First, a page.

Mindfulness Based Stress Reduction

Do you have a mindfulness practice? Do you know what Mindfulness is?  According to Jon Kabat-Zinn, the father of mindfulness, “mindfulness is paying attention, on purpose, in the present moment, non-judgmentally, as if your life depended on it”. This is something I have always had an interest in and still do, but I don’t make time to make it a formal practice. I do turn to it in times of stress and anxiety, mostly with my breathing. 

Today has been a really bad day at work. Part of it is because I don’t feel well, but part of it is because I have a crappy schedule today (partly my fault for blocking time off and then changing it and partly my patients deciding to not show up). Today is really reminding me that I need to do something different. I need to get my act together and maybe break out on my own. I am not sure how to do that or what direction I want to go in, but I know that I need to do something different, something that I believe in, something that people follow through with. I think in our current culture, mindfulness is very trendy. While I am not thrilled that it has become a trendy holistic practice, I am happy that it is more popular because of it being trendy right now. Mindfulness is not new; mindfulness based stress reduction has been around since the 70’s and I know mindfulness practices have been around for a very long time.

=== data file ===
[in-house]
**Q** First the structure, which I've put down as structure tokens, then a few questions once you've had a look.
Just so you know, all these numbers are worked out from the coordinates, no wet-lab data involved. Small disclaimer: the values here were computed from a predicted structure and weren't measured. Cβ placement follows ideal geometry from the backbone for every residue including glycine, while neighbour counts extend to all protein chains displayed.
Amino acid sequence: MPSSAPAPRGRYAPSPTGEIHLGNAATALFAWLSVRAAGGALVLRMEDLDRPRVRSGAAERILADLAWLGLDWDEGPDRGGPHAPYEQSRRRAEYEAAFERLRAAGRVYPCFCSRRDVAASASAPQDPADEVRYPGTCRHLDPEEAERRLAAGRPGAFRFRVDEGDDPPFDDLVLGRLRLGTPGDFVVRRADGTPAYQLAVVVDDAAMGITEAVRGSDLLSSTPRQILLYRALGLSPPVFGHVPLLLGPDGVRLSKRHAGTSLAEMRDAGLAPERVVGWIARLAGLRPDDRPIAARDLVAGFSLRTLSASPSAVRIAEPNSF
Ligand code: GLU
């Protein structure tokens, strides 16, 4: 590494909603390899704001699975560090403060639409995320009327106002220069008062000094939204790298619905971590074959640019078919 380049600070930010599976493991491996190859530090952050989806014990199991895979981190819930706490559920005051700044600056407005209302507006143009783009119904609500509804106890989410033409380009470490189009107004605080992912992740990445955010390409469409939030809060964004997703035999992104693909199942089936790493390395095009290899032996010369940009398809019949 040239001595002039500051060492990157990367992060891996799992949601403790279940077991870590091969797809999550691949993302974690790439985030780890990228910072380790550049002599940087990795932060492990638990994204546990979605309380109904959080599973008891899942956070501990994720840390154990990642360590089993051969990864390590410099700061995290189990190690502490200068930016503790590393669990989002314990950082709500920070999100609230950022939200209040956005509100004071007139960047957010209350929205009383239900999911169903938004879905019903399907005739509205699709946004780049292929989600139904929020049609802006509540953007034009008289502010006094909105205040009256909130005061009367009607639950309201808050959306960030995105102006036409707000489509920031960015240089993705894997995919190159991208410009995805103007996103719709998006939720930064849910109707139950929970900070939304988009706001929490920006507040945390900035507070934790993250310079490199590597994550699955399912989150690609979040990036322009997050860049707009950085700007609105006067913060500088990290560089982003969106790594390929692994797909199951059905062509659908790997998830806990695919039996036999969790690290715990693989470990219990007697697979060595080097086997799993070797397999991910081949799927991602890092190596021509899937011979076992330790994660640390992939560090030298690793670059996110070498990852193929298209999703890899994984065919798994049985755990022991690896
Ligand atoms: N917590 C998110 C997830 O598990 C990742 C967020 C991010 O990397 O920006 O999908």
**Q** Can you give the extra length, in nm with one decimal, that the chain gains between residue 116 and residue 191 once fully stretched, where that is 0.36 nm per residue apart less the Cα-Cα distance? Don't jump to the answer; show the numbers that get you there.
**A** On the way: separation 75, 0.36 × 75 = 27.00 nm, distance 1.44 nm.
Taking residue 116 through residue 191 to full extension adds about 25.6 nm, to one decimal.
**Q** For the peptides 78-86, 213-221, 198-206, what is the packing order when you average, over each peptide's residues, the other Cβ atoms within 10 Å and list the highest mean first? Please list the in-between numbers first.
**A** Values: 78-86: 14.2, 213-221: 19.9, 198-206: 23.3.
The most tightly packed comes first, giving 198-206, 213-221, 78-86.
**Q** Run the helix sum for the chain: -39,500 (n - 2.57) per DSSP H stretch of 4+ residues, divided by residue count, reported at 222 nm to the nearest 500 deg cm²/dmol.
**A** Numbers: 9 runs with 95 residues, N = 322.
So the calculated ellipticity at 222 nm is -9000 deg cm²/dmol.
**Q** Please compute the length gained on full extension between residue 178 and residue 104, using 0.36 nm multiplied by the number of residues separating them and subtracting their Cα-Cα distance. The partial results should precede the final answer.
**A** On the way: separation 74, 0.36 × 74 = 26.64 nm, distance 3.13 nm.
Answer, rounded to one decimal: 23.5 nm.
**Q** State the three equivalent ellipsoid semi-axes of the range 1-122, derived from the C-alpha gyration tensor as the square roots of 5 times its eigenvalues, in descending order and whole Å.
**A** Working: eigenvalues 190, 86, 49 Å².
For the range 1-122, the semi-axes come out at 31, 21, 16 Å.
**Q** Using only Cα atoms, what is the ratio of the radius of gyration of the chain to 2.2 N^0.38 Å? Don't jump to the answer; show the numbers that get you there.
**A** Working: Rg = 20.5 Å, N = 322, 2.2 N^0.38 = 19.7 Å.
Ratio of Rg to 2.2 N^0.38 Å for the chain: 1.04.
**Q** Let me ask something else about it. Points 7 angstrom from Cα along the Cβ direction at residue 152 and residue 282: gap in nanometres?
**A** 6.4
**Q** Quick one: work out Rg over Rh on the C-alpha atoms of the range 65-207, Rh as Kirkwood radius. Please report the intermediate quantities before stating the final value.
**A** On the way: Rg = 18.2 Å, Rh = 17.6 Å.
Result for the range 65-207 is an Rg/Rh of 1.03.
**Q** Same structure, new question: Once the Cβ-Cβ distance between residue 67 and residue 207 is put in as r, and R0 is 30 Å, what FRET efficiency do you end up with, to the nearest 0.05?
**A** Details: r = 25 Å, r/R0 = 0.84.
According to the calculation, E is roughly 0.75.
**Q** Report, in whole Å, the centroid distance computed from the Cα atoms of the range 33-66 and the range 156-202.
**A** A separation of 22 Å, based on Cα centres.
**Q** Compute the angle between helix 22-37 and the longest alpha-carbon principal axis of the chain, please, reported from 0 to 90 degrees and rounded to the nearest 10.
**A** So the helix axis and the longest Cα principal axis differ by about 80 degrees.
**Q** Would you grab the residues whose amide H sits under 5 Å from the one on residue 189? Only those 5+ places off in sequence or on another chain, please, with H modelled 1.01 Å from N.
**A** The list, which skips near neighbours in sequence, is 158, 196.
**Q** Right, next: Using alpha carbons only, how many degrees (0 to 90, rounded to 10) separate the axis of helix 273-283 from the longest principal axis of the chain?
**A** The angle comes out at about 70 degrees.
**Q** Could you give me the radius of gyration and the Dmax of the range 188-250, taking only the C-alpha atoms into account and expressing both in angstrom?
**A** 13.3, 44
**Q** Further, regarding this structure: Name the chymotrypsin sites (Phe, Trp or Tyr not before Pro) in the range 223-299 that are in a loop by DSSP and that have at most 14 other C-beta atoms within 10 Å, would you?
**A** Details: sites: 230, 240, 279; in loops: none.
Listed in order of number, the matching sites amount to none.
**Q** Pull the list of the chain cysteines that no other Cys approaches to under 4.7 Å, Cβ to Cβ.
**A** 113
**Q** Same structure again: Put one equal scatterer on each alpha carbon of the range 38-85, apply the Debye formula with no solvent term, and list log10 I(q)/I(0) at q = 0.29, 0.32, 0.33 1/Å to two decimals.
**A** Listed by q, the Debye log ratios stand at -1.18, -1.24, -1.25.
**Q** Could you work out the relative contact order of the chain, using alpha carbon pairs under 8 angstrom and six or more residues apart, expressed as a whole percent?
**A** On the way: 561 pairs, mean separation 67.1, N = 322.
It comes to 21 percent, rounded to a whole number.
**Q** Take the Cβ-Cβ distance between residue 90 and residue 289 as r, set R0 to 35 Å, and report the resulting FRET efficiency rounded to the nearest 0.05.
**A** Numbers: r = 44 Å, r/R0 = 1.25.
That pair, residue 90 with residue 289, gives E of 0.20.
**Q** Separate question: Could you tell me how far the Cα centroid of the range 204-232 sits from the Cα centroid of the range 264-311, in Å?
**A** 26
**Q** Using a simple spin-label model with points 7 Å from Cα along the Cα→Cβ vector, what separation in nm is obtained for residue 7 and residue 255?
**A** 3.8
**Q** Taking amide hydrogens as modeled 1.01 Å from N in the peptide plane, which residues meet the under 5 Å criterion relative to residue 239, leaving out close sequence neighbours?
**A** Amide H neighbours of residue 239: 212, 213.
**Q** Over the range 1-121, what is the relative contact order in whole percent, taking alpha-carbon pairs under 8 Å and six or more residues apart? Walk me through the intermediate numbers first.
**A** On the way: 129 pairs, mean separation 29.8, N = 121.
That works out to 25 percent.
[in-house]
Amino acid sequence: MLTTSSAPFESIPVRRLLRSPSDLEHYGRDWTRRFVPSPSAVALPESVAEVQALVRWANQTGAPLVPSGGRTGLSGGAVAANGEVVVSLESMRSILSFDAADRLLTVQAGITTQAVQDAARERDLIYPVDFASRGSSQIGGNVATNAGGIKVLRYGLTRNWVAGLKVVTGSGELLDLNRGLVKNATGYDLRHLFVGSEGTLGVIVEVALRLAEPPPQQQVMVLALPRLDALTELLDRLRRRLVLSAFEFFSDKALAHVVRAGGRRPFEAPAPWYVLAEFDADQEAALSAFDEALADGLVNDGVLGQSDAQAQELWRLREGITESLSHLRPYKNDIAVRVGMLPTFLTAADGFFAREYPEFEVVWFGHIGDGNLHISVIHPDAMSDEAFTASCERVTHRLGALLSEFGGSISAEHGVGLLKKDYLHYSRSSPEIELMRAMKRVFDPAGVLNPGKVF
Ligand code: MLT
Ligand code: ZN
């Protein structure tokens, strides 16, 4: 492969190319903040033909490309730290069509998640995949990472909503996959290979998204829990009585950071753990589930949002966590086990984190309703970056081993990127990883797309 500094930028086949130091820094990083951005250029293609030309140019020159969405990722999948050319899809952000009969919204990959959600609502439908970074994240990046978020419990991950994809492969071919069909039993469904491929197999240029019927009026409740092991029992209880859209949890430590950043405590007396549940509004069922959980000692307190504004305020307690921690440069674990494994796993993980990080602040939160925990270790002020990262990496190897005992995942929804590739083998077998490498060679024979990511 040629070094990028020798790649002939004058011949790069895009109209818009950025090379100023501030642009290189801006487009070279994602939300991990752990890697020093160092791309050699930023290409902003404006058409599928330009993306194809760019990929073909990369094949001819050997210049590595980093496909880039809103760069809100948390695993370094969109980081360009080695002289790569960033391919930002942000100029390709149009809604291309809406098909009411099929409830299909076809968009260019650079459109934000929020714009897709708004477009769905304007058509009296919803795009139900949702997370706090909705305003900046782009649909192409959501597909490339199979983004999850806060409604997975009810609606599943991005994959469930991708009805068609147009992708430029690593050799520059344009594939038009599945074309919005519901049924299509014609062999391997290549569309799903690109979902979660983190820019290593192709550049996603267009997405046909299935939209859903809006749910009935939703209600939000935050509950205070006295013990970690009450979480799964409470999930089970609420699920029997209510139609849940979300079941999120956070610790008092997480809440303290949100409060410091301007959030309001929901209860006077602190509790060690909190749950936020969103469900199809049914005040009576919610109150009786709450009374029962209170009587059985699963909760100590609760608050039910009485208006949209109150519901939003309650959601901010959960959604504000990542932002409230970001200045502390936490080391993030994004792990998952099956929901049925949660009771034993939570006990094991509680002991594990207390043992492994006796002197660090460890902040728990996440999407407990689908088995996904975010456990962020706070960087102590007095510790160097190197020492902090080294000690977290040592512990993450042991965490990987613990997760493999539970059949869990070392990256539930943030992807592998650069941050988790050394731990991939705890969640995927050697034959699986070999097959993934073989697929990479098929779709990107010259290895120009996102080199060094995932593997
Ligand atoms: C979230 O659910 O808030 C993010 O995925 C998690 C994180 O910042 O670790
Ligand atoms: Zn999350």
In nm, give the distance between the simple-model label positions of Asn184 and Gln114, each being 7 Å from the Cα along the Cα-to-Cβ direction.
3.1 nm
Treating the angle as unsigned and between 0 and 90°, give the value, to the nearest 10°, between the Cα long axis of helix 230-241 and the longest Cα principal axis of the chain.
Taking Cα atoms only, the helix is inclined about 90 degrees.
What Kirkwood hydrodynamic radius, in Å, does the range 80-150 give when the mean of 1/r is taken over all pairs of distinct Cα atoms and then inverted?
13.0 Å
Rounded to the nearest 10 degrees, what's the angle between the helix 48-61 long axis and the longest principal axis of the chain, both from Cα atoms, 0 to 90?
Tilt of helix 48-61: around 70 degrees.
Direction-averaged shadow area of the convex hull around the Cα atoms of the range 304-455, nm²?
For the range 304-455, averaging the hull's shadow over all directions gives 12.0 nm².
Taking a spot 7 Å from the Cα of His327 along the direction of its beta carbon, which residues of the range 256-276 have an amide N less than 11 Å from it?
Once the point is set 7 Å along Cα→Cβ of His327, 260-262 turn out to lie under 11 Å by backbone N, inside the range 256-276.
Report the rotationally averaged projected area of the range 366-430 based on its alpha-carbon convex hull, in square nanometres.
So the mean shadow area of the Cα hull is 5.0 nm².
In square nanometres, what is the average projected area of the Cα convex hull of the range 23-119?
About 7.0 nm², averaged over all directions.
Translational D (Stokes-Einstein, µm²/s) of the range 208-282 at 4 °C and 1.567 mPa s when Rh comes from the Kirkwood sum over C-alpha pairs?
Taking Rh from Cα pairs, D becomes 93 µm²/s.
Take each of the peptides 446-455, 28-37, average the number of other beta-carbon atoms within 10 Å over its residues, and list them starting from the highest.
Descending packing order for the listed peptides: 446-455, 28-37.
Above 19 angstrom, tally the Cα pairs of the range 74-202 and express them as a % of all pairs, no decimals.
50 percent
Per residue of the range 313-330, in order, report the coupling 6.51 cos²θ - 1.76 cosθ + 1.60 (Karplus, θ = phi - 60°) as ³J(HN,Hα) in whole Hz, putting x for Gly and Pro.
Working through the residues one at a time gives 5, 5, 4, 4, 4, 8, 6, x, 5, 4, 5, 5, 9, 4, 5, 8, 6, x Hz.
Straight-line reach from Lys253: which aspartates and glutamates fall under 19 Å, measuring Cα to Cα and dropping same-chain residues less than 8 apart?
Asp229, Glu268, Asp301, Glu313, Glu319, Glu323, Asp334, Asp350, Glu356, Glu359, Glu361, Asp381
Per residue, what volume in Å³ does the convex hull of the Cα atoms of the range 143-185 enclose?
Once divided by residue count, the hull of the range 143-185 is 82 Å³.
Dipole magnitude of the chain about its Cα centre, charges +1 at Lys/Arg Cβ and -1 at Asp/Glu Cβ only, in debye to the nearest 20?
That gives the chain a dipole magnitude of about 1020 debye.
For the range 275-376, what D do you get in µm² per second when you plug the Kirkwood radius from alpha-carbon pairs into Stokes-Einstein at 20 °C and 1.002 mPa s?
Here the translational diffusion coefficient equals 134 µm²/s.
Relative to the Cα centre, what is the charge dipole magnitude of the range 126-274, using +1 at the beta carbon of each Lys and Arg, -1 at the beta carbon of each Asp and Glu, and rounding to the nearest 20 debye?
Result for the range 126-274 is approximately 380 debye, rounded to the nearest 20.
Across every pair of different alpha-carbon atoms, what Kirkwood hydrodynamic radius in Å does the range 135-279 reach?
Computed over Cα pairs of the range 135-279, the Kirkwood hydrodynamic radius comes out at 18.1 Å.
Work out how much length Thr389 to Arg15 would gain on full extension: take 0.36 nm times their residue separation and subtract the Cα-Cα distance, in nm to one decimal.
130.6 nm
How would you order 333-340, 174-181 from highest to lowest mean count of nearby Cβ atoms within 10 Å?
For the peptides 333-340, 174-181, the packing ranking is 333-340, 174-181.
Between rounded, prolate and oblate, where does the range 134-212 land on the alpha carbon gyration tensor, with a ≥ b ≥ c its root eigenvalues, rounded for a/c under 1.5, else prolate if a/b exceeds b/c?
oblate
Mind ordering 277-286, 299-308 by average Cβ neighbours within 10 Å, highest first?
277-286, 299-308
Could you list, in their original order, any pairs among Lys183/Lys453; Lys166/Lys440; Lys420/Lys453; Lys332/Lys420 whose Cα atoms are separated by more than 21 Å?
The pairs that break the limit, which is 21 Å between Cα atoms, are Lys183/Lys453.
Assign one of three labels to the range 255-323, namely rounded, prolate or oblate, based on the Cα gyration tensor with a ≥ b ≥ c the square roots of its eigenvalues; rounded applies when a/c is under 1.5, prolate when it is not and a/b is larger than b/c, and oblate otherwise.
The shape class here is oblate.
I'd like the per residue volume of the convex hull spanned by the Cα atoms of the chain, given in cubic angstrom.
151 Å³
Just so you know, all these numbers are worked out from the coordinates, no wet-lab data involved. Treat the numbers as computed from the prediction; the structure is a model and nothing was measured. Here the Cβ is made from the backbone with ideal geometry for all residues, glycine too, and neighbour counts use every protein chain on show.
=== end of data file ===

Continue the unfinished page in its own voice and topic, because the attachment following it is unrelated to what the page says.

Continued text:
I often talk to a lot of people in my therapy practice about mindfulness, especially with breathing practices. I also talk to people about using their senses to bring us back to the present moment. People seem to really respond to the breathing exercises. They also seem to respond to using their senses to come back to the present moment.  What I haven’t talked to people about is the other senses that we have.

I have also started talking a little about the fight or flight process in the body and the brain. Sometimes, I feel like I need to learn more about the physical process of anxiety because people seem to really like that explanation. It’s nice to be able to say that when you practice mindfulness, the brain changes from being lit up in the fight or flight center to the part of the brain that says you are ok, you are safe. I think people like hearing that there is “proof” that it works. 

It’s time to take the time to learn more and practice. One thing that Jon Kabat Zinn said in his talk was that mindfulness is something that needs to be practiced daily and that is my goal.

What are your thoughts on a mindfulness practice? I have so many dreams and goals, this is ust one of them.

Namaste,

Amy

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